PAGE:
Being critical is easier than being constructive. Although I do not want to suggest that people who criticise have a duty to provide solutions — criticism is hard and undervalued labour — I also want to make some recommendations for the future.

I am not suggesting here that fact patterns involving marginalised groups should be abandoned. However, they should not be presented in a way that is disrespectful to the group, they should avoid relying on stereotypes and tropes, they should not force students into a position hostile to that group’s interests or rights, and the positions should not be framed as a necessary duality.

The first two suggestions should be relatively straightforward and probably do not warrant much explication. If teachers and tutorial leaders proposing fact patterns are unable to guarantee with relative confidence that the fact pattern is respectful, it may be best to choose a different one. This includes being attentive to the socio-political context of the fact pattern and avoiding associations to relatively recent traumatic political events.

When suggesting that fact patterns should not force students into a position hostile to a marginalised group’s interests or rights, I do not mean that students who disagree with their assignment should be able to go see their teacher and change the party they are arguing for, but that no position should be either imposed or strongly recommended in the first place.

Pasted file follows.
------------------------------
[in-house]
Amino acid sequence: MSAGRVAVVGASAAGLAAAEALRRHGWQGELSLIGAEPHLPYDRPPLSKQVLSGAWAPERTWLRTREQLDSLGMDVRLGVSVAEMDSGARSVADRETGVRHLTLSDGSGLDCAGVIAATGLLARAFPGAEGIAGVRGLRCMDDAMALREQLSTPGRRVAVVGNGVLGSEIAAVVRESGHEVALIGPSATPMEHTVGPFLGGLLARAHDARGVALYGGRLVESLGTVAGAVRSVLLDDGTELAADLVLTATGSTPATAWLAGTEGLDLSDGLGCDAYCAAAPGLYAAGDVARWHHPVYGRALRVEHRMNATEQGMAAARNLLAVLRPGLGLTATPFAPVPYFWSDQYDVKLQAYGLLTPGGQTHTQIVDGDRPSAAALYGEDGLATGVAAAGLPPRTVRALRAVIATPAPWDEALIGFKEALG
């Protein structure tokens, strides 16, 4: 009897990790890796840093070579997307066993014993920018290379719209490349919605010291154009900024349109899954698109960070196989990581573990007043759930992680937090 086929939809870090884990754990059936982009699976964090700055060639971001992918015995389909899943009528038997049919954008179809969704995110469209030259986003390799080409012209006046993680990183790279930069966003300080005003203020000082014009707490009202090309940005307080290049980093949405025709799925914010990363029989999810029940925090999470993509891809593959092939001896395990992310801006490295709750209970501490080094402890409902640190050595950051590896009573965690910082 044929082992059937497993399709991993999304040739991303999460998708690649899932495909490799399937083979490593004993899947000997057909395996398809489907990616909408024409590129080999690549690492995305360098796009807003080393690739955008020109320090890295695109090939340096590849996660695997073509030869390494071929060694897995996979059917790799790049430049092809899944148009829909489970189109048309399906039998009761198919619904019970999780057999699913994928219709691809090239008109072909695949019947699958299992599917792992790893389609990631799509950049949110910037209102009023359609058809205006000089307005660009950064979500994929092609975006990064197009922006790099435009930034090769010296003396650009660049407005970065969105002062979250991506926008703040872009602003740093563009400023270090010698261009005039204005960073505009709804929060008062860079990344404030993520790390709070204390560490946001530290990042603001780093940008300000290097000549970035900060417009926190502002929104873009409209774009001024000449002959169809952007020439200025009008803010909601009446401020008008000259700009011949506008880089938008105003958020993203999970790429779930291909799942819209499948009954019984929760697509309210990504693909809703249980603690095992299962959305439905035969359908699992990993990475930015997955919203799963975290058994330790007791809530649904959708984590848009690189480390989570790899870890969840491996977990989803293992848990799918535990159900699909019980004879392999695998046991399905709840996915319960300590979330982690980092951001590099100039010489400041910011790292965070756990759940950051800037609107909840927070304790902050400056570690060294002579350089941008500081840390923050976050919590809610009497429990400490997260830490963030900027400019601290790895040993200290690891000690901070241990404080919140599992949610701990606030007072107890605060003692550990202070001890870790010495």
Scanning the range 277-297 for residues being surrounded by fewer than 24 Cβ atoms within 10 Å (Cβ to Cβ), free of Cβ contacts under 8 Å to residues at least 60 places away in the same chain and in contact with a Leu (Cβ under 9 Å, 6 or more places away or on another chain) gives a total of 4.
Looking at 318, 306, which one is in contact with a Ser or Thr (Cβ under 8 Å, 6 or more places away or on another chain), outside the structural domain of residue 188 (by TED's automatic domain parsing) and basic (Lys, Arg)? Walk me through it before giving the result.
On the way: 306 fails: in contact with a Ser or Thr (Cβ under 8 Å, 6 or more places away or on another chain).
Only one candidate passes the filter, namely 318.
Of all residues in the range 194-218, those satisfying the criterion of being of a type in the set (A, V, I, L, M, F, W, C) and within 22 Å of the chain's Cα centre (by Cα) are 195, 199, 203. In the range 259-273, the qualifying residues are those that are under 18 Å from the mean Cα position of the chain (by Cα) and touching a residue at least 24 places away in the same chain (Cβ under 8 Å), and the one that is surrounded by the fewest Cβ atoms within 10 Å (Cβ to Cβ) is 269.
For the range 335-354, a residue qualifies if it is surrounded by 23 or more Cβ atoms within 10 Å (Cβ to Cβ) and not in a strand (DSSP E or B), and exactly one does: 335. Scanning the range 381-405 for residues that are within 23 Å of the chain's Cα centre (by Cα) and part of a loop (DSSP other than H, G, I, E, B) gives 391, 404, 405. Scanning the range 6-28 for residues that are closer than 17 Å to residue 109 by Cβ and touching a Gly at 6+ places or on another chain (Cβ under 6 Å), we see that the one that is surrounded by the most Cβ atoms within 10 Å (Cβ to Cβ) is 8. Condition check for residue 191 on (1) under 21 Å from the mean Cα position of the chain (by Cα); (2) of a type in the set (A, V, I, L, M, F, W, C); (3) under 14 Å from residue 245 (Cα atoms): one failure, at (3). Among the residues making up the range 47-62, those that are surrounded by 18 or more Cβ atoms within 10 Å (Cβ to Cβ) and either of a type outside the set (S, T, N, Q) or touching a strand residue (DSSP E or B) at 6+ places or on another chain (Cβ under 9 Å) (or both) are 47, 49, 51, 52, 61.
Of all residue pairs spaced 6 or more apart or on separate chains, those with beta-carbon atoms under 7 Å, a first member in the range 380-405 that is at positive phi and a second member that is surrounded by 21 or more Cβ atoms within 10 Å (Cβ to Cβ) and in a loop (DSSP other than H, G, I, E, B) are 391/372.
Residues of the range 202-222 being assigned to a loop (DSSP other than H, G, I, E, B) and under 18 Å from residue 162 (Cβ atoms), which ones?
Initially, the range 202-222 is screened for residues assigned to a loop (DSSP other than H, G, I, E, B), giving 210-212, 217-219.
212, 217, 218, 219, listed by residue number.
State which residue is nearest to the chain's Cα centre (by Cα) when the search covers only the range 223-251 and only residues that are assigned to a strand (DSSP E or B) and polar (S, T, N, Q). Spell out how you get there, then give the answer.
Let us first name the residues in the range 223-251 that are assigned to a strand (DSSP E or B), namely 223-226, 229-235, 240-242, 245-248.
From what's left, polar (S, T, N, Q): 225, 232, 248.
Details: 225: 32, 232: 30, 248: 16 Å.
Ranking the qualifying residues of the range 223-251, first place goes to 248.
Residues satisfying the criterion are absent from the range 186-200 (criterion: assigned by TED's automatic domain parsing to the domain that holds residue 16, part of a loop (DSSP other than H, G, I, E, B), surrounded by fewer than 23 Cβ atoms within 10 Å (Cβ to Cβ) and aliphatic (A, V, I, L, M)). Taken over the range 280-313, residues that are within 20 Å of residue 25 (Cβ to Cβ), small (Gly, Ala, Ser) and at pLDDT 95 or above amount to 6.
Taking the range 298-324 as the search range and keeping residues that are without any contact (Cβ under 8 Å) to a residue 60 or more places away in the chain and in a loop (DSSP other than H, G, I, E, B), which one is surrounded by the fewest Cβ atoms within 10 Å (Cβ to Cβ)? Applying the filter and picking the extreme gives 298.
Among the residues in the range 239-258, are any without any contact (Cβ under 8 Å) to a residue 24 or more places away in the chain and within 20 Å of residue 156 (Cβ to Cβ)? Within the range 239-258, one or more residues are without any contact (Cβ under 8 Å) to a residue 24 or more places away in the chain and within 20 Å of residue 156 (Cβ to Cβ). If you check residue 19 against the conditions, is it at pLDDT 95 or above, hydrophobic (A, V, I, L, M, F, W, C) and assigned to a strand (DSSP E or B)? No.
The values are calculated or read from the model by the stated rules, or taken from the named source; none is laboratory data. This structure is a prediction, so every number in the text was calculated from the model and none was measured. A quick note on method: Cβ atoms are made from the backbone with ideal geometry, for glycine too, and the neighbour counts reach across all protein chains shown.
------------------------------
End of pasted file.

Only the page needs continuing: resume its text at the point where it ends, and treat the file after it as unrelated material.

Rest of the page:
The last recommendation is meant to address cases in which, although no position is imposed on students, the structure of the exercise presupposes that both sides will or should be represented by students. This occurs when tutorial groups or in-class groups are separated based on which party they represent as well as when the exercise includes a debate during which representatives of each side face off. Though this may not directly impact the future options of students or force them to act in ways they are morally averse to, it contributes to a hostile learning atmosphere for some students.

The world is hostile enough as is, let us not make law school yet another place we can’t exist in peace without being constantly reminded of the hatred people have for some of us. How many more students will have to feel like they don’t belong before we change how we write fact patterns? This change is long overdue. Let us hope that in the future, no student will feel like their own faculty is contributing to their marginalisation.



Florence Ashley

Transfeminine jurist and bioethicist and doctoral student at the University of Toronto. https://www.florenceashley.com/